'Fur babies' help Ukrainian family find their perfect Saint John host family match

·2 min read
Nord and Ulvgard, the Guchuks' dogs, are the reason Susan Fullerton felt compelled to get in touch with them online. (Submitted by Susan Fullerton - image credit)
Nord and Ulvgard, the Guchuks' dogs, are the reason Susan Fullerton felt compelled to get in touch with them online. (Submitted by Susan Fullerton - image credit)

A Ukrainian newcomer says he's blown away by the welcome he and his family have received in Saint John since fleeing the war in their home country.

Dmitriy Gulchuk, 30, says he arrived about a month and a half ago with his wife Kate, 22, mother Tetiana, 54, and two large dogs.

"I love this city," Gulchuk said.

"People here are very friendly and very kind to us."

Submitted by Susan Fullerton
Submitted by Susan Fullerton

The Gulchuks lived in Chornomorsk, said Dmitriy, which is near Odesa and has a population of about 60,000.

His home there was about five metres from the Black Sea, he said.

Gulchuk said he was in disbelief when the Russian invasion began in February.

Once the family decided to leave, he said, they packed a bag each, loaded the car and were gone within eight hours.

Saint Johner Susan Fullerton said she read about the Gulchuks online and helped arrange their move to the Port City.

Submitted by Susan Fullerton
Submitted by Susan Fullerton

"I thought, 'Who is going to take that family with these two huge dogs?'" said Fullerton. "And being a lover of great big dogs I thought, 'Well, I'd better contact him.'"

Gulchuk and Fullerton both said the leaps of faith they took on each other have been richly rewarded.

What's been accomplished in the short time since they arrived is "beyond amazing," said Fullerton.

Gulchuk called it "a blessing from God."

Fullerton said she and her husband own some apartment buildings in Saint John, so they are providing a free, furnished place for the Gulchuks to live until they get on their feet.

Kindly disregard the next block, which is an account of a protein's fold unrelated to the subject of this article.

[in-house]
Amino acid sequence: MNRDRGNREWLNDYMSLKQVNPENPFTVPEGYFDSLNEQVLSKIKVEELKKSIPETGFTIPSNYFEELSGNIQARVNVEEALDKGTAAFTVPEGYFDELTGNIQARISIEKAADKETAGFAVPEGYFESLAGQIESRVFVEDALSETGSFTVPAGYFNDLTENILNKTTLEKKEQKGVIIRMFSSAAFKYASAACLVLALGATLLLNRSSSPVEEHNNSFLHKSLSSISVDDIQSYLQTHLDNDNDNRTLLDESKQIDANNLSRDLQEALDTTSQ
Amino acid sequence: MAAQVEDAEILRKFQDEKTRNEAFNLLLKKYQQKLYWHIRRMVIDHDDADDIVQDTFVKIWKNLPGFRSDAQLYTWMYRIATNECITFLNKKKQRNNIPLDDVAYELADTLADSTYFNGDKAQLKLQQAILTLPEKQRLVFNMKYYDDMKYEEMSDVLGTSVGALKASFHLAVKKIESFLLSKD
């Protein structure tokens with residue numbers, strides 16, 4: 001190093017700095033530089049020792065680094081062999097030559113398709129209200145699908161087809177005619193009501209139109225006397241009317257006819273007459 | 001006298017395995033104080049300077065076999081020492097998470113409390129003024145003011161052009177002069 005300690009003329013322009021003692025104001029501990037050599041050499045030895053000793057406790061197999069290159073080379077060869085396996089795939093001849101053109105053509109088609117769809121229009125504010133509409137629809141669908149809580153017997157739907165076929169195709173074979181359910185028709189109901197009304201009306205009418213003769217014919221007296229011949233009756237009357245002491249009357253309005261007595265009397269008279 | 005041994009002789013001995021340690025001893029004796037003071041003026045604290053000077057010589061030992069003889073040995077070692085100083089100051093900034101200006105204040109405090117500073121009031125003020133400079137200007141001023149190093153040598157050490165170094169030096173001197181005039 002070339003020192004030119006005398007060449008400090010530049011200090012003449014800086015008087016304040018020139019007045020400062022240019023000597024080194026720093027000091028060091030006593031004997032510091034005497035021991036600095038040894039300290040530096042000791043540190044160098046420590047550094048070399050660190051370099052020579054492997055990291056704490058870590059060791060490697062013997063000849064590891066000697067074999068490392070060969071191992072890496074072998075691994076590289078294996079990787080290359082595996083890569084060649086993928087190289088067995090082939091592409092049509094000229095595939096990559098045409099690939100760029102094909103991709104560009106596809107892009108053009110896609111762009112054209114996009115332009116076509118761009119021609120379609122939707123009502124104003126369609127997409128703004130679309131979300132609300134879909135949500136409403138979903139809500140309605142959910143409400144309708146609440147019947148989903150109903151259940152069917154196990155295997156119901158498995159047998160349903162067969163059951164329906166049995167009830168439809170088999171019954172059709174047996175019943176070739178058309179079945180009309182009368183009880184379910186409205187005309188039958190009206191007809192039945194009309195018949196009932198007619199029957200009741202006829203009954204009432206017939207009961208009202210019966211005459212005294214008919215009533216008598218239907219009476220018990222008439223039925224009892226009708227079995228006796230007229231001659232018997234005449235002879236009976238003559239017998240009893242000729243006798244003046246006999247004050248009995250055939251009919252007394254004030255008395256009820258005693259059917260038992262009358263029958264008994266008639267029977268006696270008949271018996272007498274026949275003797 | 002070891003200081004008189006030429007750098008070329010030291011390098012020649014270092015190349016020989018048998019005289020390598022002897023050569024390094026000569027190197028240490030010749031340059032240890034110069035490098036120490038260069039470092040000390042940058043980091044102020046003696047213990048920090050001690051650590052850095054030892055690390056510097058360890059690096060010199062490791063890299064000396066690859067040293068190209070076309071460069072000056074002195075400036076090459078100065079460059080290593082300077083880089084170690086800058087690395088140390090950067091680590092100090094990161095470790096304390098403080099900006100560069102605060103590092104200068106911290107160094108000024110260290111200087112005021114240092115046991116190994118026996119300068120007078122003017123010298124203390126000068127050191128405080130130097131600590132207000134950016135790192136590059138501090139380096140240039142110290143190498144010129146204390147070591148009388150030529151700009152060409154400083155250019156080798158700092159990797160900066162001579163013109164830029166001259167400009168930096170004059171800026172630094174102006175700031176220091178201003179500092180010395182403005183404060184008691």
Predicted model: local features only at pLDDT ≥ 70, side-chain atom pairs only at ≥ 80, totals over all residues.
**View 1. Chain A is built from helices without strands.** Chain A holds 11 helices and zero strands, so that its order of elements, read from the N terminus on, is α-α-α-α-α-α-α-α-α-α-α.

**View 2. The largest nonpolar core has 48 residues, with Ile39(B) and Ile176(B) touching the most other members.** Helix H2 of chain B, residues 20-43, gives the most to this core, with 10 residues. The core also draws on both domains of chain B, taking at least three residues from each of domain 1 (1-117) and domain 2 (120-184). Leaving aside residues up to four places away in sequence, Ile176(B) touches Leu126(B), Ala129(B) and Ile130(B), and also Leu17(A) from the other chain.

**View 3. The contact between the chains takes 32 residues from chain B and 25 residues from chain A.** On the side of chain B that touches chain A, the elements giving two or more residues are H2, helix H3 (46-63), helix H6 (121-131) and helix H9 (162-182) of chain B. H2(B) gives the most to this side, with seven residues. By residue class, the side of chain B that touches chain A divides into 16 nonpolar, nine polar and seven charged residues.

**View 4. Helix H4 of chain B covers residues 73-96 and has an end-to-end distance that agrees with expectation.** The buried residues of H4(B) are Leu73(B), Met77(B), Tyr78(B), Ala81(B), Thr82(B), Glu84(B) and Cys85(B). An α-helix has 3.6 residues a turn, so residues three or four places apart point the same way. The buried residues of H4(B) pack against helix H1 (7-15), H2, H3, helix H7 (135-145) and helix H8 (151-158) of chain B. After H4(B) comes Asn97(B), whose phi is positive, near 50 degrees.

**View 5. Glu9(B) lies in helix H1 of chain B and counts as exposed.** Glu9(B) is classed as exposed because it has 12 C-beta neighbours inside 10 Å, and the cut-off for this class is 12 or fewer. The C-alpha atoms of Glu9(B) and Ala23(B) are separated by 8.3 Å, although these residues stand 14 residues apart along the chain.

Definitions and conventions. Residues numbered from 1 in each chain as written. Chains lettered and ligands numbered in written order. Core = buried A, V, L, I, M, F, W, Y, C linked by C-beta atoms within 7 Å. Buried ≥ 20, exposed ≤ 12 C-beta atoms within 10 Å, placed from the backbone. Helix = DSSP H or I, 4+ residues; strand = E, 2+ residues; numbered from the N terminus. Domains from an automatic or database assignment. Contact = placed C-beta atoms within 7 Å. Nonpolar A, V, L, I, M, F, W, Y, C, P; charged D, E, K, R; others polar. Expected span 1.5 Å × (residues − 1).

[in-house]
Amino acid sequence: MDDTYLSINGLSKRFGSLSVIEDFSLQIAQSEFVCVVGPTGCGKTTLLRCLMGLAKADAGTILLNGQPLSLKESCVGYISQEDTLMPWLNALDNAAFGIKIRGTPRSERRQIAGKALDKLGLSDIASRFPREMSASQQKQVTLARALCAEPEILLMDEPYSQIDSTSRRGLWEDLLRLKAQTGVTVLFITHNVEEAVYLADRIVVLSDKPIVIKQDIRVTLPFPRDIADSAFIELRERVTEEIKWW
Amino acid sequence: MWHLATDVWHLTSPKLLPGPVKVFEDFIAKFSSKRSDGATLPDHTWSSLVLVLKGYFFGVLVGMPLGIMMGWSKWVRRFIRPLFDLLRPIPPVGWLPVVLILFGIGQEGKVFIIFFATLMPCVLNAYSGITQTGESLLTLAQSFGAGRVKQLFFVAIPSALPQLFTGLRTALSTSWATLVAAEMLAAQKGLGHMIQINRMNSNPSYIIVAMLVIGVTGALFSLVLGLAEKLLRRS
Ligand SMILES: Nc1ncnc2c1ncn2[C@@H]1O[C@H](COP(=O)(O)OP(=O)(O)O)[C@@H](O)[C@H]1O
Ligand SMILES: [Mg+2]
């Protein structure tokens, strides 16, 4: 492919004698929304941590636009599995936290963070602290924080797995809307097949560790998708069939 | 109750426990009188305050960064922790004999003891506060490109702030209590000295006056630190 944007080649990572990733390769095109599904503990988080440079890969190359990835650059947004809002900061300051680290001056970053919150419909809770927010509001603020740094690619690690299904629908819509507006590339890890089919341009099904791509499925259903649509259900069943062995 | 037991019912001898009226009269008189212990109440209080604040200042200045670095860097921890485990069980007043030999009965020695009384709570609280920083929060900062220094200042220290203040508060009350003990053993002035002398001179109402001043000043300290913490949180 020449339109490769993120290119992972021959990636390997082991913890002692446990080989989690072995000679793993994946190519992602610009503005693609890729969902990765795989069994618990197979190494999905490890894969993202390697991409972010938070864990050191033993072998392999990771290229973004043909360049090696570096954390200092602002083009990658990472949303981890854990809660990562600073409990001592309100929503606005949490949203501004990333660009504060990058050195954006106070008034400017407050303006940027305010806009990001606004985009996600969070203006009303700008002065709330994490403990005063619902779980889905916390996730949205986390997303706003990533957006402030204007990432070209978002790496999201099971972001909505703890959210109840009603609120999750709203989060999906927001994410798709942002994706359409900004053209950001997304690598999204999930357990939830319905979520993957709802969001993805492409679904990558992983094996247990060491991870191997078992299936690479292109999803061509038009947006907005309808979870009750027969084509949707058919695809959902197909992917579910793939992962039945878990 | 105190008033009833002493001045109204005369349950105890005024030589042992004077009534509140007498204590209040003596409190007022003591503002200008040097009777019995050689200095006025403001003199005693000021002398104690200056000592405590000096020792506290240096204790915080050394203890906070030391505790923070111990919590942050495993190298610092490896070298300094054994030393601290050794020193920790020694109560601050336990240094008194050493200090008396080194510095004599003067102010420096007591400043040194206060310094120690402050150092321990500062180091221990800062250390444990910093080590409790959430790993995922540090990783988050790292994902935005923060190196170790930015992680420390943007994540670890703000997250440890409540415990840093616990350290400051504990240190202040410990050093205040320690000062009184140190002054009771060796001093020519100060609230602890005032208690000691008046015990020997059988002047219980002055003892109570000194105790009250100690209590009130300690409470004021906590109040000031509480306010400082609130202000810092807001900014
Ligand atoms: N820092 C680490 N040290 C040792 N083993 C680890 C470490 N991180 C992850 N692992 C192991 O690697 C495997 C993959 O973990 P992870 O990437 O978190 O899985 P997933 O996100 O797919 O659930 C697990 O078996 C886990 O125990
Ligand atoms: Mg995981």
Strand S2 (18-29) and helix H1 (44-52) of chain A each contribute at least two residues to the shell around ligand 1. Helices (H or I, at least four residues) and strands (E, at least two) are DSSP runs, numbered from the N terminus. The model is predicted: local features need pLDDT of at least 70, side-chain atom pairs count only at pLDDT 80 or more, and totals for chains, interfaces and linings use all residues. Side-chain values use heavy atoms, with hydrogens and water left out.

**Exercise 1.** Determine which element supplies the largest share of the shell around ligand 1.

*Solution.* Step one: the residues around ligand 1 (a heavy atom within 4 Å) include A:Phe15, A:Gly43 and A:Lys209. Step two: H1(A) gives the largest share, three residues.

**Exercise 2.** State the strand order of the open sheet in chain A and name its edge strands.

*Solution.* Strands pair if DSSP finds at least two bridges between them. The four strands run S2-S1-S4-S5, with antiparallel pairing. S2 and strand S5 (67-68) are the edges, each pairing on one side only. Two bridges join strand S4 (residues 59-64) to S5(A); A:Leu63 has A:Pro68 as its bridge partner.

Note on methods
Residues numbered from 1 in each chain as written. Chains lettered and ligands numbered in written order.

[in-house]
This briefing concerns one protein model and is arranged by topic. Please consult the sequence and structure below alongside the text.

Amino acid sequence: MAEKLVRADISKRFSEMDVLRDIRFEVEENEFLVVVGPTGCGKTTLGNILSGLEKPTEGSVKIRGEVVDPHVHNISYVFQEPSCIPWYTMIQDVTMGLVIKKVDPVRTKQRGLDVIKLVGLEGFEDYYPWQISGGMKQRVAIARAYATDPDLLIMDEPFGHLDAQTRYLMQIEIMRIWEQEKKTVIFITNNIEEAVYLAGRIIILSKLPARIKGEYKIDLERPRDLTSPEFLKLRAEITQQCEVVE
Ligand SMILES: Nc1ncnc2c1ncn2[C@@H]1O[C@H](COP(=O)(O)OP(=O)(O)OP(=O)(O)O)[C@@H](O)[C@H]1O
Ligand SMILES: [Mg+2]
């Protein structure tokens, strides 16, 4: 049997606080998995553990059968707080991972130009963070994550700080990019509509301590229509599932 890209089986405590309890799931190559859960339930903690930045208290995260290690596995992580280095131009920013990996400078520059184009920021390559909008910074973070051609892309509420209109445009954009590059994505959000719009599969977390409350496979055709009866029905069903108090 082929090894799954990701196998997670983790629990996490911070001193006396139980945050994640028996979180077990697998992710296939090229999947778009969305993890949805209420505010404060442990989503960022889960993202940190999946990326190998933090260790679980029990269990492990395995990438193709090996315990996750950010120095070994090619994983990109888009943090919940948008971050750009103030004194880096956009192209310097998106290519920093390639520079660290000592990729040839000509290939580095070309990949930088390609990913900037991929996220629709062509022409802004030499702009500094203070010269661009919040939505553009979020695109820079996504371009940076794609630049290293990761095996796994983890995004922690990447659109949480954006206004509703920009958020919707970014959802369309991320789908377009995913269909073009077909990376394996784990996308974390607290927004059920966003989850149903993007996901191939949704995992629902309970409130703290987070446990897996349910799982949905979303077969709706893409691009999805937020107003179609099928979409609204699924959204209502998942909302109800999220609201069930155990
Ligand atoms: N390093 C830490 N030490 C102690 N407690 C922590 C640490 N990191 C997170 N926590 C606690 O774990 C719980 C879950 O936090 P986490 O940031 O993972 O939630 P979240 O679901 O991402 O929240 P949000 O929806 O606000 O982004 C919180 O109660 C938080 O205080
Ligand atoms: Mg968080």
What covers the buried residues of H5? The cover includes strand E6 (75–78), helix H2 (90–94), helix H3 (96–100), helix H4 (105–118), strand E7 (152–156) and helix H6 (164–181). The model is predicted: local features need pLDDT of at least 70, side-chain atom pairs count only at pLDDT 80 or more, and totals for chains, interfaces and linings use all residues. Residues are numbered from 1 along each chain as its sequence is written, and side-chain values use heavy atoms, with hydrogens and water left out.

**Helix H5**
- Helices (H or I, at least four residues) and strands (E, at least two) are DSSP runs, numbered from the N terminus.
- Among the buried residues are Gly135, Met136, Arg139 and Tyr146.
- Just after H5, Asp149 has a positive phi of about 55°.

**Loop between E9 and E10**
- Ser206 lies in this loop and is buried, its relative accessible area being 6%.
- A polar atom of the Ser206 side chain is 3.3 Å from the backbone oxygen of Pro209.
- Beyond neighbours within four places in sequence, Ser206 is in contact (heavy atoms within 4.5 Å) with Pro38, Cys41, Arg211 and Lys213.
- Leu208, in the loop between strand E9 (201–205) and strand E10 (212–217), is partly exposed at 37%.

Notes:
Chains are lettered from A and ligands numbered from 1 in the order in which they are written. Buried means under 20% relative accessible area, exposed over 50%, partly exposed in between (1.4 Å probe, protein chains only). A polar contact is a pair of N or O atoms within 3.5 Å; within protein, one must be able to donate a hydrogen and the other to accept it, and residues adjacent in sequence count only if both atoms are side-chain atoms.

Submitted by Susan Fullerton
Submitted by Susan Fullerton

Others have pitched in with everything from groceries to a guitar, she said.

Things are better than anyone could have hoped for, said Fullerton.

Government paperwork happened quickly to recognize Gulchuk's credentials. That allowed him to get a job with Atlantic Towing as a ship's officer. And, after just eight days on the job, he's already been offered a promotion.

Kate Gulchuk is working as a housekeeper for Chipman Hill Suites, the company owned by the Fullertons, where customers and co-workers have been raving about her.

Submitted by Susan Fullerton
Submitted by Susan Fullerton

Kate was a bank teller in Ukraine, said Fullerton, and is working on her English to potentially get back into that line of work in Canada.

A retired lawyer is tutoring Tetiana Gulchuk in English, she said. According to Tetiana's resume, she has several university degrees and used to own hardware stores in Ukraine.

Others from the Fullertons' network of acquaintances are supporting the Gulchuks, too.

Dmitriy's English tutor is Edward Fullerton's former high school teacher from Blacks Harbour, said Susan.

Submitted by Susan Fullerton
Submitted by Susan Fullerton

Employees of Chipman Hill have welcomed Dmitriy into their horseshoe league, she said.

Gulchuk said he just wants to live a normal life and be useful to the community.

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